He concluded with a discussion of the family in the Christian order of redemption, drawing from the gospels and other New Testament texts about the family, such as St. Paul’s Letter to the Ephesians. He discussed marriage as a sacrament and its sanctifying grace.
The cardinal also mentioned the issue of those who have remarried after divorce. He stressed the need to unite pastoral care, the words of Jesus, and an understanding of divine mercy in responding to these Catholics.
Cardinal Kasper referred to Pope Francis’ Jan. 24 address to the prelates of the Roman Rota, in which the Pope spoke about the validity of marriages and affirmed that the legal and pastoral dimensions of marriage are not opposed.
According to Fr. Lombardi, the cardinal placed great importance on the “law of gradualness,” by which he meant the advancement towards new ways of exploring the mystery of redemption in Christ.
Topeka, Kan., Feb 21, 2014 (CNA/EWTN News) -
A Kansas bill to protect the conscience rights of those who morally object to “gay marriage” stalled in the legislature after opponents portrayed it as a discrimination law akin to the Jim Crow laws of the early 20th century.
“Protecting religious liberty and the rights of conscience does not infringe on anyone’s sexual freedoms,” said Ryan Anderson, pro-family scholar and co-author of “What is Marriage: Man, Woman, a Defense,” in a Feb. 19 article for National Review Online.
“Americans are free to live and love how they choose, but they should not use government to penalize those who think and act differently,” Anderson argued. “All Americans should be free to believe and act in the public square based on their beliefs about marriage as the union of a man and woman without fear of government penalty.”
The bill sought to ensure conscience protections for individuals, businesses and officials who believed that affirming same-sex “marriage” ceremonies or unions “would be contrary to their sincerely held religious beliefs.”
It would have offered protection to florists, photographers, wedding vendors, adoption agencies, counseling services and other groups with deeply held religious convictions over the nature of marriage as an institution between a man and a woman. These individuals and organizations would have been able to decline participation in same-sex wedding ceremonies, receptions and adoptions without fear of legal action.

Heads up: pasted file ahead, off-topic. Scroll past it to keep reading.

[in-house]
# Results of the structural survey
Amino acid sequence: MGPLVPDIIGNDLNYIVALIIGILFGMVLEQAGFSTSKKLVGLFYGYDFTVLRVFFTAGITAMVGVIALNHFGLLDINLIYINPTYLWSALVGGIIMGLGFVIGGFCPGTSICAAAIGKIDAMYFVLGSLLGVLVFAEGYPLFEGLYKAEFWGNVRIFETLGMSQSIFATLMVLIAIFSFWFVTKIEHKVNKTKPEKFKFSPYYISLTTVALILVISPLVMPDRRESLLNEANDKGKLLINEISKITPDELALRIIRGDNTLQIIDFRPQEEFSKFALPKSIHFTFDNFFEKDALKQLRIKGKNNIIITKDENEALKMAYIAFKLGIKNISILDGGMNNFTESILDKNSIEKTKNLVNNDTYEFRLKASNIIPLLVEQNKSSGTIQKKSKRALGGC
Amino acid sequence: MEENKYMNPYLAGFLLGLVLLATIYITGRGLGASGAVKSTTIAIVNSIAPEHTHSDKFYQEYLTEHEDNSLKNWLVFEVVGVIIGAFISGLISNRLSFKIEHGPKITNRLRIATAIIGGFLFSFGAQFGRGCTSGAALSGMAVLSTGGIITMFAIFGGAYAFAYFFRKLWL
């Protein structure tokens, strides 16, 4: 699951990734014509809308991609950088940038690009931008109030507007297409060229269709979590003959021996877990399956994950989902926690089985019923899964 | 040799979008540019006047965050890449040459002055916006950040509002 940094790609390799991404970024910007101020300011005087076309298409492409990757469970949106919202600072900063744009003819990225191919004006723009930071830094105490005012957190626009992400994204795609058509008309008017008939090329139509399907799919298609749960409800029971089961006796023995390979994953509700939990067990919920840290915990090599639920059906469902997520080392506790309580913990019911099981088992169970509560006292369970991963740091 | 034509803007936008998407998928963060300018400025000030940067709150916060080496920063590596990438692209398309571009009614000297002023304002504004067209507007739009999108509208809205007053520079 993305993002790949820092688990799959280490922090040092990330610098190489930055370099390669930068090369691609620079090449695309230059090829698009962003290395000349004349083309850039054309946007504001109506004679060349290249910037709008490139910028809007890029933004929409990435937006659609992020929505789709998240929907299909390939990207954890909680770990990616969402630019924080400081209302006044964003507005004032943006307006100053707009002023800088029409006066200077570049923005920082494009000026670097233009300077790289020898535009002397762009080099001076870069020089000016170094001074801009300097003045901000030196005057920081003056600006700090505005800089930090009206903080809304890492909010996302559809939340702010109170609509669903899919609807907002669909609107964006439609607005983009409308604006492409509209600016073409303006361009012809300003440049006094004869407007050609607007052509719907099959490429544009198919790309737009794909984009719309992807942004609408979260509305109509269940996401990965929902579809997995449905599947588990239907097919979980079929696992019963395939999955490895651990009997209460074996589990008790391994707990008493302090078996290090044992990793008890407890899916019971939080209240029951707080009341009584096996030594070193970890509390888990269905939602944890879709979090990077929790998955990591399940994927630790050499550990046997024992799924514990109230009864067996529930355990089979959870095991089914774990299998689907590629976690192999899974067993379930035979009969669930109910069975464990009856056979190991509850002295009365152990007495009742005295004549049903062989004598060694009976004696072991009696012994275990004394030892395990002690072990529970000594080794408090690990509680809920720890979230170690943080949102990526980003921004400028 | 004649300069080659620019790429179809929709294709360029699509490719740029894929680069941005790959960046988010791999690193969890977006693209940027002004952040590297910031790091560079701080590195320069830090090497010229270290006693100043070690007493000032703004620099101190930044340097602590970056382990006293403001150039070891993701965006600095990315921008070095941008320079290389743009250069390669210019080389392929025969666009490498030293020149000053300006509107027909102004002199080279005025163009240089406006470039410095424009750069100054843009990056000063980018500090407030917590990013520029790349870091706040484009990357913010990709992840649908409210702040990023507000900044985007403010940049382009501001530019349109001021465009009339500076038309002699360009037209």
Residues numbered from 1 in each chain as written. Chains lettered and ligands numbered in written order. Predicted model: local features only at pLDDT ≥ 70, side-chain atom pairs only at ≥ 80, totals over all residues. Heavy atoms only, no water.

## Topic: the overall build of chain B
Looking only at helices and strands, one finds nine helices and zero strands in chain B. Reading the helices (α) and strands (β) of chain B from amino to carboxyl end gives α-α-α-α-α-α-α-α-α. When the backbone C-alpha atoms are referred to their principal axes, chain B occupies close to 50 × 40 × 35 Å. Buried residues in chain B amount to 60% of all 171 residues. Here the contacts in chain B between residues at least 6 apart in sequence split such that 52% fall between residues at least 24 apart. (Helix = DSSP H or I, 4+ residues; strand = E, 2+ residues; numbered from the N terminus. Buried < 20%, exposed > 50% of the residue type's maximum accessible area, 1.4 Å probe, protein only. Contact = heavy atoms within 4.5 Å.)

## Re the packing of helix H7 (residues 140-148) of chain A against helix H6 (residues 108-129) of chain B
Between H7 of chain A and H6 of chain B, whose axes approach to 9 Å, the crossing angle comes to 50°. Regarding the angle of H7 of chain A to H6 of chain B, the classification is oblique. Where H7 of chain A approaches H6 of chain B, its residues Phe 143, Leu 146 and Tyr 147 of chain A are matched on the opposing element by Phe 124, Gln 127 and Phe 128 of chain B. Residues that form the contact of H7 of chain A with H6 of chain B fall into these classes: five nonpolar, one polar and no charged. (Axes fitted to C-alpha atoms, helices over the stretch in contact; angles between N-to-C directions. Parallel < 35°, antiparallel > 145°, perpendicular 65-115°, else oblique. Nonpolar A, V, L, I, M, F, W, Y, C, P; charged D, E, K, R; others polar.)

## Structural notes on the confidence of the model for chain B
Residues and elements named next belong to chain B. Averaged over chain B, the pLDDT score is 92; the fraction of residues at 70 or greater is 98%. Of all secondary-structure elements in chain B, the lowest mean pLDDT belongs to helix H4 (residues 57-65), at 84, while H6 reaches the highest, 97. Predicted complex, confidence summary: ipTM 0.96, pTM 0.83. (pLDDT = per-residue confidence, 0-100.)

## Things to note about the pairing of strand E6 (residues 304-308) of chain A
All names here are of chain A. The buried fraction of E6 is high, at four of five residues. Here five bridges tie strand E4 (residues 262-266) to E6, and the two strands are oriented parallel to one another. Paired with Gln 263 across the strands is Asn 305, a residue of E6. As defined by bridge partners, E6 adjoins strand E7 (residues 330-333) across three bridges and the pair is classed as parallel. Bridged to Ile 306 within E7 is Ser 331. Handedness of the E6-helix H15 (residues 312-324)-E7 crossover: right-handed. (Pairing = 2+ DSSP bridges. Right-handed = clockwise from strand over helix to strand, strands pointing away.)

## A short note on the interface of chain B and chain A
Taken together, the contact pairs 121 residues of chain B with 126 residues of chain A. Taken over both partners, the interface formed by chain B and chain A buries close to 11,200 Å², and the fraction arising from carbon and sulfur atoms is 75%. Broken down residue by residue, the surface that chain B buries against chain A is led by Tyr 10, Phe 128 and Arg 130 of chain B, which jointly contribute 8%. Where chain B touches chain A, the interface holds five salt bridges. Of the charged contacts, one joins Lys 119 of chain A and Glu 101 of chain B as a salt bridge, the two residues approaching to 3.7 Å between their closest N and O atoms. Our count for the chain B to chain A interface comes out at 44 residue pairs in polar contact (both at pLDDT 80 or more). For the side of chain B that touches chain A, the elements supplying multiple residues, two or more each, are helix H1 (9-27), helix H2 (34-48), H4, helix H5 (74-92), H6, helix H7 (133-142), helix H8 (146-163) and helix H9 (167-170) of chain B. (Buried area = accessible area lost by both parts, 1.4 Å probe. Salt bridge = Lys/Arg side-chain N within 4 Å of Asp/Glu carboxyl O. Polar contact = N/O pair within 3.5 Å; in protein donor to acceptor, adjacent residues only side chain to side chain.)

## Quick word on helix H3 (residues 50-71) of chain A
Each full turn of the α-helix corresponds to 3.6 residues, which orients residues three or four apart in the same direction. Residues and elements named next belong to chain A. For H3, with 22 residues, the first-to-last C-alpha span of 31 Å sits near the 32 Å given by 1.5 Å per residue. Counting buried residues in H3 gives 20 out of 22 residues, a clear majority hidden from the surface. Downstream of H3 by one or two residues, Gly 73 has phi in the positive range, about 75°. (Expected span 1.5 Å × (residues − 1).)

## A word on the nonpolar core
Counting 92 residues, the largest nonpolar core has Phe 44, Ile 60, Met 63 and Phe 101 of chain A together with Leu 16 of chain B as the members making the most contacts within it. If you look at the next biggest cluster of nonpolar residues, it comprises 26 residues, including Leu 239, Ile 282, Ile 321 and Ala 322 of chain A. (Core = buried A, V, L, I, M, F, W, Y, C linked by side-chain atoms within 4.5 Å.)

The bill was proposed in response to numerous lawsuits across the country facing organizations that declined to support same-sex unions for reasons of conscience. However, after passing the state House of Representatives, it died in the state Senate when leaders refused to let it move forward in committee.
Opponents of the bill had adamantly argued against it, claiming that extending religious conscience rights to all individuals involved in weddings would be “essentially arguing for homosexual Jim Crow laws.”
Columnist Kristen Powers argued in a Feb. 19 article for USA Today that wedding vendors are not “celebrating their wedding union” but instead hired to “provide a service.”
“It's not clear why some Christian vendors are so confused about their role here,” Powers said, charging that “Christianity doesn't prohibit serving a gay couple getting married,” and likening the bill to the Jim Crow laws that enforced racial discrimination in the southern United States before the Civil Rights movement.
Mark Joseph Stern of Slate also objected to the bill in a Feb. 13 article, calling it “anti-gay segregation” and suggesting that it meant that private “employers can continue to fire gay employees on account of their sexuality,” that stores “may deny gay couples goods and services because they are gay” and that businesses that “provide public accommodations – movie theaters, restaurants – can turn away gay couples at the door.”
The Kansas Catholic Conference had worked to reject these claims, arguing that “a campaign of distortion” was being waged to discredit the bill.
Citing the text of the actual legislation, the Catholic Conference clarified that the bill would not permit businesses to discriminate based upon sexual orientation.
“The bill does not create a right for businesses to refuse service to someone just because they are gay,” the conference stressed. Rather, it explained, the proposed legislation covers “a narrow range of conduct” dealing only with the recognition of and participation in same-sex “marriages.”
Anderson reiterated that the bill is not discriminatory, but instead prevents “the kind of coercion that happened under Jim Crow” by protecting “what should be already protected: basic civil liberties such as freedom of association, freedom of contract, and freedom of religion.”
He clarified that the bill “would only protect religious individuals and organizations from being forced to provide services related to marriage” and its celebration, and “would not allow businesses, individuals, or government employees from refusing to serve someone (or a couple) simply because of his or her sexual orientation.”